by Larry Garber
Twenty years ago, I was assigned to manage the U.S. Agency for International Development’s (USAID) program in the West Bank and Gaza. At the time, the region was awash with optimism. Peace negotiations between Israelis and Palestinians seemed poised to achieve a lasting solution to the long-standing conflict, the economies on both sides of the Green Line were booming, and terror incidents were few and far between.
Since the signing of the Oslo Accords in 1993, the USAID program in the Palestinian Territories had become an integral component of the broader U.S. government peace-making strategy. USAID supported efforts to build the requisite institutions of an independent and democratic Palestinian state. Programs sought to strengthen key economic ministries, parliament, and the judiciary, and to provide scholarships for study in the United States to young Palestinians who would form a leadership cadre in their newly independent state. Equally important, with the explicit support of the Israeli government, USAID was designing major new roads in the West Bank, a desalination plant for the water-starved population in Gaza, and an industrial estate on the Israeli-Palestinian border to facilitate investment in the high-tech sector.
These efforts came to a crashing halt in October 2000 with the onset of the second intifada. Inevitably, calls emerged to shutter the USAID Mission and to eliminate all assistance to the Palestinian people. However, the emerging policy consensus was that withdrawal would be seen as a concession to the perpetrators of terror and that U.S. interests, even during those bleak times, were better served by continuing to support the majority of Palestinians, who were not implicated in the violence and who yearned for a better future for their children.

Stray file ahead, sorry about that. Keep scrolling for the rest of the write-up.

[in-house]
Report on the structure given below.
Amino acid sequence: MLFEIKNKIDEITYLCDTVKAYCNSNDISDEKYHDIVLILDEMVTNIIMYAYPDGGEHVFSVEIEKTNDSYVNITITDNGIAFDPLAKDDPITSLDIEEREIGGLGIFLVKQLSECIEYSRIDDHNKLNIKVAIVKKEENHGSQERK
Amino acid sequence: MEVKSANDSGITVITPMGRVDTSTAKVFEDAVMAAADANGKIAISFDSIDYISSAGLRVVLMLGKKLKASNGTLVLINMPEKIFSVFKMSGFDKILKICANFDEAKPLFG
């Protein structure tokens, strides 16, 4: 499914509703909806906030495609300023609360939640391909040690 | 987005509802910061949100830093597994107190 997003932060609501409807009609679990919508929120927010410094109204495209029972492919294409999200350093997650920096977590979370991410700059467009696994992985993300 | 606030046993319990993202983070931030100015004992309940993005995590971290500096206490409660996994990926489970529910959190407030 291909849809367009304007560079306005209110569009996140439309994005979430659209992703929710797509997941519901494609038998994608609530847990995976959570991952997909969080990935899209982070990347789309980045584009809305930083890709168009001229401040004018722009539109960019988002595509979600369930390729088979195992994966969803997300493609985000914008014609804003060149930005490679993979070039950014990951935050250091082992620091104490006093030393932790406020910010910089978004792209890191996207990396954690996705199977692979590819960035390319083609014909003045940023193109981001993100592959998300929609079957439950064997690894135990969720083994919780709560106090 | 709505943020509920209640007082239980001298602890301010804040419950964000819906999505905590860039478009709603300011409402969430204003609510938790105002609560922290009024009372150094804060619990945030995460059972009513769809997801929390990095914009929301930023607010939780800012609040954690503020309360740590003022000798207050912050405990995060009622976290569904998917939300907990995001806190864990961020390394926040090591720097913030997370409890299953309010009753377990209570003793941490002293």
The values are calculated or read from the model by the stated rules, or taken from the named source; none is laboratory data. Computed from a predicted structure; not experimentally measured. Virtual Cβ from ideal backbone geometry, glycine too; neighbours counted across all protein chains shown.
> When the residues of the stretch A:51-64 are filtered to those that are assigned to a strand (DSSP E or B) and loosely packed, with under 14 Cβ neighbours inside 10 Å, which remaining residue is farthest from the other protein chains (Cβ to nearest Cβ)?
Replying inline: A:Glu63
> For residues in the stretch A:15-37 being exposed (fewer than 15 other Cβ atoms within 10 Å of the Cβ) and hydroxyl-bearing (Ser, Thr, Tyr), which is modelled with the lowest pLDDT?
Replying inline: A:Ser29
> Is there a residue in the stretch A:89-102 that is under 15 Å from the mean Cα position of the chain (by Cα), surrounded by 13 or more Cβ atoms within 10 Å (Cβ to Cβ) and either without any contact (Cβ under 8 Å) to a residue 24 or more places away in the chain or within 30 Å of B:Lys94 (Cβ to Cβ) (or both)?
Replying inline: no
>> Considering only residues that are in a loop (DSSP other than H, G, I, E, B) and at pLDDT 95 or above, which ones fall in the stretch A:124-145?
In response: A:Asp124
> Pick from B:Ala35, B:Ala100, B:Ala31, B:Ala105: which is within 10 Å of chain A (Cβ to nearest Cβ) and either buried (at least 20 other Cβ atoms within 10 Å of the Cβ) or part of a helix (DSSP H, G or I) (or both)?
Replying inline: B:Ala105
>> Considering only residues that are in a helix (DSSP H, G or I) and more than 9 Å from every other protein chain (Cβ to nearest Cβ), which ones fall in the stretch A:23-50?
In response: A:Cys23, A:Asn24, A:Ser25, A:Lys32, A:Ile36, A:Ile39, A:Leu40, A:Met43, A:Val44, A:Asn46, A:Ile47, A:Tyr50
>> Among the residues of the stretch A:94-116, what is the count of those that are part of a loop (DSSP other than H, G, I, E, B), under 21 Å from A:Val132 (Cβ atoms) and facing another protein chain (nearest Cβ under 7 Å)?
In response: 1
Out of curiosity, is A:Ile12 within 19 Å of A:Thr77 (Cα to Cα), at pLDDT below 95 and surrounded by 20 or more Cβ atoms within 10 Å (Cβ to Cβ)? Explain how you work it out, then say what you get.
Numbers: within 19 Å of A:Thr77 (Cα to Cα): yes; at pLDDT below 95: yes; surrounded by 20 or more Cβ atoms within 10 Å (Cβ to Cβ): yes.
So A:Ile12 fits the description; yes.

Despite significant political and security constraints, USAID’s ambitious pre-intifada development programs were transformed into successful efforts to alleviate the humanitarian consequences of the intifada reality. Funds went to build classrooms and health clinics, address water shortages and wastewater flows, and provide work opportunities for Palestinians who could no longer travel to Israel for jobs. The programs facilitated continued engagement among Palestinian, Israeli, and U.S. leaders, and demonstrated the long-term U.S. commitment to the Palestinian people.
Implementing this multi-faceted program amidst the frequent and horrific terrorist attacks and the Israeli government’s military responses was not a simple undertaking. Crossing between Israel and the Palestinian territories required obtaining the necessary permits from the Israeli authorities, and U.S. law required extensive vetting of Palestinian partners to ensure that they were not affiliated with terrorist organizations. USAID’s major asset in facilitating these efforts were the talented staff of Americans, Israelis, and Palestinians who throughout the worst days of the intifada remained committed to a common goal and who ensured that the USAID mission remained an oasis of cooperation and mutual respect.